Each snowflake is a six-pointed work of art, as cool and as individual as the ones you've probably made with paper and scissors, but how does nature make snowflakes?  First thing to know is the little six-pointed pieces of ice that you and I call snowflakes are really made up of snow crystals.  Scientists use the word snowflake to describe the fluffy white things that fall from the sky which are actually bunches of snow crystals all stuck together and the journey of a snow crystal begins in a cloud.

 Up there, water in the form of gas called water vapor, freezes around a piece of dust or pollen that's just floating around in the cloud.  This forms what's called a seed crystal and seed crystals can become snow crystals if conditions inside the cloud are just right.  As the seed crystal bumps around inside the cloud, lots of particles that make up water stick to it.  The particles that make up water have a very specific shape.  They kind of look like the letter 'V', and when enough of these particles stick together, they form shapes that have six sides called hexagons, and that's your most basic kind of snow crystal.  But if there's enough water around, then more water particles will attach at the little points of that  six-sided crystal, each becoming an arm or a branch.  From there, all kinds of different things can happen.   (04:00) to (06:00) Even though all snowflakes have six sides, they can end up looking totally different from one another.  In fact, scientists have names for more than 30 different shapes of snow crystals.  Some are big and flat and are called plates.  Others look long and narrow, called needles.  Still others are tall and wide, like columns, and then there's probably the most famous shape, called dendrites.  They look kind of like stars that have sprouted tree branches.  The shape that each snow crystal takes depends on what the conditions were like as it formed in the cloud.  Things like temperature and how much water is in the air can make a big difference if you're a snowflake.  So for example, colder temperatures often make flakes with more pointy and fancy arms while snow crystals that are made in warmer temperatures and air with less water in it tend to be smaller and simpler.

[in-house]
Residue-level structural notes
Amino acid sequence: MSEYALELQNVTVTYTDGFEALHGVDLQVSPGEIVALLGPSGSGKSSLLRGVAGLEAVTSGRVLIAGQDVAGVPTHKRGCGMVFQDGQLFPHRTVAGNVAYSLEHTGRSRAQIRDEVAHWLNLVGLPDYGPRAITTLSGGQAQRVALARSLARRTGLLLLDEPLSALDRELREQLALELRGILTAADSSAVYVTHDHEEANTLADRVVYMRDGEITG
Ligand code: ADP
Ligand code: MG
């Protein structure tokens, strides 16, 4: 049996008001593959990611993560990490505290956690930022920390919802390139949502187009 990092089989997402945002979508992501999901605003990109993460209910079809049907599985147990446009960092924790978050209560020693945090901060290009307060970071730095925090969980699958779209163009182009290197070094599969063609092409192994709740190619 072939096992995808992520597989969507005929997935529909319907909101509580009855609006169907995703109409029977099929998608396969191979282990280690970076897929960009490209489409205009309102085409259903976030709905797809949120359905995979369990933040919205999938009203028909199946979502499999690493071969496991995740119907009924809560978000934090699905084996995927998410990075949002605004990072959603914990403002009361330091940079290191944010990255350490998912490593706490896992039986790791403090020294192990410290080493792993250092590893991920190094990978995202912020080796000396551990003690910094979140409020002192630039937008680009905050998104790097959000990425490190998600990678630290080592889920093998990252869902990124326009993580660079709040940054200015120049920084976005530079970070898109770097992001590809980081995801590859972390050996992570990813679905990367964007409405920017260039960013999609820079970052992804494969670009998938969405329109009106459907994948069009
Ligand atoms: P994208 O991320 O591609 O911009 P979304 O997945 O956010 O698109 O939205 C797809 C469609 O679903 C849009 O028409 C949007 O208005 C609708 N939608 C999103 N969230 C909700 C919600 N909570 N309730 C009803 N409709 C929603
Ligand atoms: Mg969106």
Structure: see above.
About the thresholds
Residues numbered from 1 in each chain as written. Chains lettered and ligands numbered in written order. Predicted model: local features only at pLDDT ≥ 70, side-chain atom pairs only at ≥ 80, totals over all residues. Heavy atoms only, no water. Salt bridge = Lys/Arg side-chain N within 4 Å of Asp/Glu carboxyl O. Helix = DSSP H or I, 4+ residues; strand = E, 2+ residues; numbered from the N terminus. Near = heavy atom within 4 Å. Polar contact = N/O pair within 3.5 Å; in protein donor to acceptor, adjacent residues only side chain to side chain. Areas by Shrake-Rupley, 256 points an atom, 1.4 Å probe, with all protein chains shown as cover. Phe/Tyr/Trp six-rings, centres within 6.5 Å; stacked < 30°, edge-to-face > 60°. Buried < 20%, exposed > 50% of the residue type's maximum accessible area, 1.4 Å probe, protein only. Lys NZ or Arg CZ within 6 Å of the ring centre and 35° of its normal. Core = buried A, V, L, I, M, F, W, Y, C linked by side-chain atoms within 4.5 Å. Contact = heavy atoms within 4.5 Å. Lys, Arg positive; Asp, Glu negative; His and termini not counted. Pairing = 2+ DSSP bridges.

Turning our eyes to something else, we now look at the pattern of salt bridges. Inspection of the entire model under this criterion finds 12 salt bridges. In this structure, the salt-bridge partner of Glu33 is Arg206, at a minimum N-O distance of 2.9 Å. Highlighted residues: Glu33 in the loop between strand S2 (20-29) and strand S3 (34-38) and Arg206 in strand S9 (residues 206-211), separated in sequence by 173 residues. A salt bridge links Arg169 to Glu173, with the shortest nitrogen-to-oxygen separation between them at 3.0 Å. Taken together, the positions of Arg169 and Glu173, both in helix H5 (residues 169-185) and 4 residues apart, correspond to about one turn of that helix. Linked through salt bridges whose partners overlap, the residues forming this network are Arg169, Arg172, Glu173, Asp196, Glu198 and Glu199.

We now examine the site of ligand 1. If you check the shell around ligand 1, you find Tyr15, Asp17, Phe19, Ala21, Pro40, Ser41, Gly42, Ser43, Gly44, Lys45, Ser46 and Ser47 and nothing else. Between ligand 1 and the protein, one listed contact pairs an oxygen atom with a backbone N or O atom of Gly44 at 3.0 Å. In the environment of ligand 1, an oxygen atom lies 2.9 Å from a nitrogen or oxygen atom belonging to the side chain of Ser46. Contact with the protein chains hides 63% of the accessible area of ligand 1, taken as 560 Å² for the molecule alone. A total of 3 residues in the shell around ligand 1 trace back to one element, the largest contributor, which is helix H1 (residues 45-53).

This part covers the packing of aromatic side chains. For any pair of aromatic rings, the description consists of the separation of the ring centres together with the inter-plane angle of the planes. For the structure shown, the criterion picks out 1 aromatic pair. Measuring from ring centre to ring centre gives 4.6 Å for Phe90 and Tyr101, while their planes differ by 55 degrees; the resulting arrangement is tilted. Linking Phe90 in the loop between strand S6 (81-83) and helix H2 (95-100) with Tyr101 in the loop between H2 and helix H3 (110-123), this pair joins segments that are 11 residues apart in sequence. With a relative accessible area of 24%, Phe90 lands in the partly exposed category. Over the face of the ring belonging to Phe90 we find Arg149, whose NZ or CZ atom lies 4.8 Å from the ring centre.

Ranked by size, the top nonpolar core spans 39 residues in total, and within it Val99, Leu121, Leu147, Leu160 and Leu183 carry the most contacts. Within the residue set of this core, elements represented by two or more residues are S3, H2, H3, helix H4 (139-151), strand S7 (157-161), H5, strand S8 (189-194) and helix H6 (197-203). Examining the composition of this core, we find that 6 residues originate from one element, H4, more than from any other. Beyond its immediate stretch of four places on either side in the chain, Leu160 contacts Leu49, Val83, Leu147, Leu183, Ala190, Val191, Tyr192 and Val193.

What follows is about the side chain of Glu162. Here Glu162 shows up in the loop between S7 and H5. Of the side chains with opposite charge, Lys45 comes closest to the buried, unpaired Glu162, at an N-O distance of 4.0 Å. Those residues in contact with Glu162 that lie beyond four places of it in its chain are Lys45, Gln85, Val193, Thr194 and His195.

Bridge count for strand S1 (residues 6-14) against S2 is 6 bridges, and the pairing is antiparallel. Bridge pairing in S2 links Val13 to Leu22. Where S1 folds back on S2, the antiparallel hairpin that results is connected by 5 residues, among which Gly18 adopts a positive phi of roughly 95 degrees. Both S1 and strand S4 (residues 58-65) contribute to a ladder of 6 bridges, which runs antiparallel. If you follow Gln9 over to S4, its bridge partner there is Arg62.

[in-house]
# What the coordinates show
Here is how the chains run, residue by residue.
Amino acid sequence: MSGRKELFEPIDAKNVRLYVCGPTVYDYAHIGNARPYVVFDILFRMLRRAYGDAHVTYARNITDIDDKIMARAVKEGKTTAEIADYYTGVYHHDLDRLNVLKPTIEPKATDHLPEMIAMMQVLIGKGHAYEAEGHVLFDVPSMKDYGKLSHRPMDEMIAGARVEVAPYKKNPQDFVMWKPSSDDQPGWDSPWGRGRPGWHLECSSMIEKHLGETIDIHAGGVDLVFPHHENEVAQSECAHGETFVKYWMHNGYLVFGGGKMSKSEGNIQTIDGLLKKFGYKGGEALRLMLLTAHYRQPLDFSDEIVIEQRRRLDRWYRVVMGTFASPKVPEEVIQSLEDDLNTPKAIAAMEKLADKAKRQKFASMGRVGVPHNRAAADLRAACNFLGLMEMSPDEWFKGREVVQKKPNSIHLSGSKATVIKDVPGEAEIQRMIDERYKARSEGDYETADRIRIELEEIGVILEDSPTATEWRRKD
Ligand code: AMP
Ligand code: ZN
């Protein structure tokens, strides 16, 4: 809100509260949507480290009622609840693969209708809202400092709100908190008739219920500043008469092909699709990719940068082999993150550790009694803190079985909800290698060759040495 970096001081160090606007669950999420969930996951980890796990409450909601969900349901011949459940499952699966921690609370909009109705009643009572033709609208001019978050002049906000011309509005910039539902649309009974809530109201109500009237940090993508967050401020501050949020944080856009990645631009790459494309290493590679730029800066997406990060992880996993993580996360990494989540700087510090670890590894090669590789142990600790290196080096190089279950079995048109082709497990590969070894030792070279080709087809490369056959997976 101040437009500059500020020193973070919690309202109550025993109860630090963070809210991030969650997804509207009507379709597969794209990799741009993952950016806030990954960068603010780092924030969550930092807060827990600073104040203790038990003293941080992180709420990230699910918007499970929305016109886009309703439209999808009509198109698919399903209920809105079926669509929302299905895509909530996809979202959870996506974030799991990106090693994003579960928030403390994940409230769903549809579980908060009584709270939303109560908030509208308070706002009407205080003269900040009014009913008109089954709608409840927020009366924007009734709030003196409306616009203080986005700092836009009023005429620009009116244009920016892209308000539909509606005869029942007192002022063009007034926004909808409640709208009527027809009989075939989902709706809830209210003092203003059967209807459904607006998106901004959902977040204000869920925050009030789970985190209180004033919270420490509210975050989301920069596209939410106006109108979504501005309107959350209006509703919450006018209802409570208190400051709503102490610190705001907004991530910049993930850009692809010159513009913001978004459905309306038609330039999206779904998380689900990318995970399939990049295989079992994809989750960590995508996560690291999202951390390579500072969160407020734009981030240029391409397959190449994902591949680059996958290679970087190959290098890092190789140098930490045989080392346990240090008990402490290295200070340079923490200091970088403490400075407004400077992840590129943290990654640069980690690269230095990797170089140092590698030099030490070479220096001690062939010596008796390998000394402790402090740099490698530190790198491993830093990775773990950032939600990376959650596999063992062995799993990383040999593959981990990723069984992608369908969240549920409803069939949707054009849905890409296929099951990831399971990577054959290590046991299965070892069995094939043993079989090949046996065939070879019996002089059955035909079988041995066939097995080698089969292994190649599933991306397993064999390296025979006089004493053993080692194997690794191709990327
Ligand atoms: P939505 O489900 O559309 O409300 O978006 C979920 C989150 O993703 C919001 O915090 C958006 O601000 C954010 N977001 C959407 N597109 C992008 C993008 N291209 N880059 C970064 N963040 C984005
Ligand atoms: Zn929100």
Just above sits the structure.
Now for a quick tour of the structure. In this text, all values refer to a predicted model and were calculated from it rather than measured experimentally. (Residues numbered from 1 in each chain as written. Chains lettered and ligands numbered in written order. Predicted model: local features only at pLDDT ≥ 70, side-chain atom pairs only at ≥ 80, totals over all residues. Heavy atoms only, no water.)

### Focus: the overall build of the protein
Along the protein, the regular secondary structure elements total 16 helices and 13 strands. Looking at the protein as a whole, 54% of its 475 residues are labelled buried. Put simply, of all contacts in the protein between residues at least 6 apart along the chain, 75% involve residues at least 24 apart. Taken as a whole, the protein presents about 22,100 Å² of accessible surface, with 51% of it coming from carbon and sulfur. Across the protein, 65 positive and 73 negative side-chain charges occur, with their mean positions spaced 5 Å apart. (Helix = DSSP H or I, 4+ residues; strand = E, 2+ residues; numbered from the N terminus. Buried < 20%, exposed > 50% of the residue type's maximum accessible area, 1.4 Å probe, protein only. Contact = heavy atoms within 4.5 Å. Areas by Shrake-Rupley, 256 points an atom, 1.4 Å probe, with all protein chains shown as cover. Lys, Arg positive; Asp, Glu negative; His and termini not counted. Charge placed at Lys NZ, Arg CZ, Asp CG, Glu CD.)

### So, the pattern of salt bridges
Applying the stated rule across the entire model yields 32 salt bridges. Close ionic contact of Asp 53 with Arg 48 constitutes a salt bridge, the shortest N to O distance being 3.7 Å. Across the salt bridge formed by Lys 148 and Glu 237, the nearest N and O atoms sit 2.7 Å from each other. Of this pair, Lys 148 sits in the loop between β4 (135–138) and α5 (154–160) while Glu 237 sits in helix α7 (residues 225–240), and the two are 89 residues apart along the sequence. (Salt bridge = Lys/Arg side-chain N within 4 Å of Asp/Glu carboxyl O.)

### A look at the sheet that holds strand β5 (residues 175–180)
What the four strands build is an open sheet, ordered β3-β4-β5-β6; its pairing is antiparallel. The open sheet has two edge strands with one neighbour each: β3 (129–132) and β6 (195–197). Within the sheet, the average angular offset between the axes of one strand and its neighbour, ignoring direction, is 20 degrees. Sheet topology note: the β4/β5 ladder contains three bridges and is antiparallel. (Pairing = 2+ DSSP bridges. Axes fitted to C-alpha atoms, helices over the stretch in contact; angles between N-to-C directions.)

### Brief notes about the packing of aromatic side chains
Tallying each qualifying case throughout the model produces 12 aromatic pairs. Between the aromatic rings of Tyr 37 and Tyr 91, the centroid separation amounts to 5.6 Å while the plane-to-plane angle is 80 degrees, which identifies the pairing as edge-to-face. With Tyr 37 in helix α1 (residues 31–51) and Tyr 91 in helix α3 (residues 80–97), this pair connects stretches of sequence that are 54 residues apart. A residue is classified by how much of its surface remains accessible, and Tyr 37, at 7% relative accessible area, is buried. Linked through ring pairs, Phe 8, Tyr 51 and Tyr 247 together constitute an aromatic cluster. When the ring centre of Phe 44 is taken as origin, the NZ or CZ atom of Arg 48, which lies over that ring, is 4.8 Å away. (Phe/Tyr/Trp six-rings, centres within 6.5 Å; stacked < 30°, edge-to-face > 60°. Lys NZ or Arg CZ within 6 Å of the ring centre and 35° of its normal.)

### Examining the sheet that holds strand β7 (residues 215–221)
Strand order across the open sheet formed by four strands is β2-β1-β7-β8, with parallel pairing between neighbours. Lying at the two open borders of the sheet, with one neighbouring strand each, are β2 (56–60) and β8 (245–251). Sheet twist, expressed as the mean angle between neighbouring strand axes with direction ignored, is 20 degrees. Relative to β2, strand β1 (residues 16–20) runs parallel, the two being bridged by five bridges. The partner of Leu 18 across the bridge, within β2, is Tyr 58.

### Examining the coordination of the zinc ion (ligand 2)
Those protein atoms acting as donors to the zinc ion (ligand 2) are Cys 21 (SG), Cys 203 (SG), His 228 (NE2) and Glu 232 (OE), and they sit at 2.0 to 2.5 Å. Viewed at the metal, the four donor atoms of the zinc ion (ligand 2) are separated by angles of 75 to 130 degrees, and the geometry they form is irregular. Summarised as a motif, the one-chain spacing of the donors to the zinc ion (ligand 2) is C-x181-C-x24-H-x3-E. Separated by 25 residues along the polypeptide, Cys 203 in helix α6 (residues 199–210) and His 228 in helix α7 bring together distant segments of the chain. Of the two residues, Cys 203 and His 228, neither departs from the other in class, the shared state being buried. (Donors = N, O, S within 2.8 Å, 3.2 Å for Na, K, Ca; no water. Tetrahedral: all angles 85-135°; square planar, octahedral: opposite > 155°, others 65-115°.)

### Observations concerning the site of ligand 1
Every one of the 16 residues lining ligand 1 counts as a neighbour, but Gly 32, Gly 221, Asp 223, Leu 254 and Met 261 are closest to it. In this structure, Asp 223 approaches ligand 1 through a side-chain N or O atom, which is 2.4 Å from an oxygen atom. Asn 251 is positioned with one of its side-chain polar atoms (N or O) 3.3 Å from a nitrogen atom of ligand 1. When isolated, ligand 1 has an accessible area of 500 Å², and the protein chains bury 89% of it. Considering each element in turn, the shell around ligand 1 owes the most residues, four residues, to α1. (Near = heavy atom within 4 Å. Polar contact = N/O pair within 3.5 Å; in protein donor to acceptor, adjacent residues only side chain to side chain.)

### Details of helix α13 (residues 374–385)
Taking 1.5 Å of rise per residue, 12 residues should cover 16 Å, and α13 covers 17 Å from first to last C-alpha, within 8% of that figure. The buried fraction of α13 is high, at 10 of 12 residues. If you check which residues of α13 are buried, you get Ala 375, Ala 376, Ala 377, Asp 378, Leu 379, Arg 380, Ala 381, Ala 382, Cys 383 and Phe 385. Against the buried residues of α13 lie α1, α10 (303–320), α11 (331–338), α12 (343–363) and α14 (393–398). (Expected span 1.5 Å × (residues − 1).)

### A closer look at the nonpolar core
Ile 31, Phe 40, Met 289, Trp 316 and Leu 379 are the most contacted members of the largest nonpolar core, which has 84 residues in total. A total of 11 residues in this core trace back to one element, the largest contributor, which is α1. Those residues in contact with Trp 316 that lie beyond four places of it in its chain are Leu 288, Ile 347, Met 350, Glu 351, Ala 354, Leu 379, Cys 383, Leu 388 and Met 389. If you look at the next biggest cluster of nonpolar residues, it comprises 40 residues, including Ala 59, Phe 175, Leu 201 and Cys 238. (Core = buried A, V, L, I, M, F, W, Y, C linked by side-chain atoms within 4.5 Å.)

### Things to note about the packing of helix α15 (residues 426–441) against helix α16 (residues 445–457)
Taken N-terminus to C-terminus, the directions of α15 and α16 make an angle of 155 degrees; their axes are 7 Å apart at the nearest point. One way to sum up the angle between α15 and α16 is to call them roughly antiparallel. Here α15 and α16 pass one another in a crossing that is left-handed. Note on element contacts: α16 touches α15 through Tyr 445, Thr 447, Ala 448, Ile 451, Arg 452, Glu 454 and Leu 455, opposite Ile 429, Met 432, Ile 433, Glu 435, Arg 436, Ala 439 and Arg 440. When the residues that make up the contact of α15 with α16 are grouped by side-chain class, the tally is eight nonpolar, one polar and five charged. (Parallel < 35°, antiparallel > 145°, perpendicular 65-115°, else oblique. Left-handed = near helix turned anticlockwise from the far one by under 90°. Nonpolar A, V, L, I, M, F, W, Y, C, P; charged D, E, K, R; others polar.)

Now, you might have heard that no two snowflakes are alike.  A lot of them do look really similar to each other, but scientists think that it would be really hard for any two to end up being exactly the same.  That's because the conditions of the clouds are always changing, so the flakes that they make are always changing, too.  Once a snowflake takes shape, its journey has only just begun.

After bouncing around in the cloud for a while, it falls to the ground, and as it falls, it keeps changing, depending on the temperature, the amount of water in the air, and other things, like wind that it passes though.  Since each flake takes a different path all the way to the ground, each one ends up being slightly different and that's why scientists say that no two snowflakes are exactly the same, but they're all really interesting and beautiful.

Hey, Squeaks, all that snow that's coming down outside means that there will be lots of fresh snow for us to play in tomorrow morning.  We love sledding and snowball fights, but our favorite thing to do in the snow is build a snowman.  

 Hi guys!  We're all bundled up for some winter fun.  Squeaks wants to build a snowman.  Oh, I mean, my bad, a Snow Rat.  Whether it's a snowperson or a snow rat, building a snowbeing is all about balance.  (06:00) to (08:00) Can you guess what kind of scientist has to spend a lot of time thinking about how things balance?  That's right--engineers.  There are all kinds of engineers, but I'm thinking about building engineers.  They build tall buildings like houses and even skyscrapers.  So when we're planning on building a snowman, we need to think like engineers.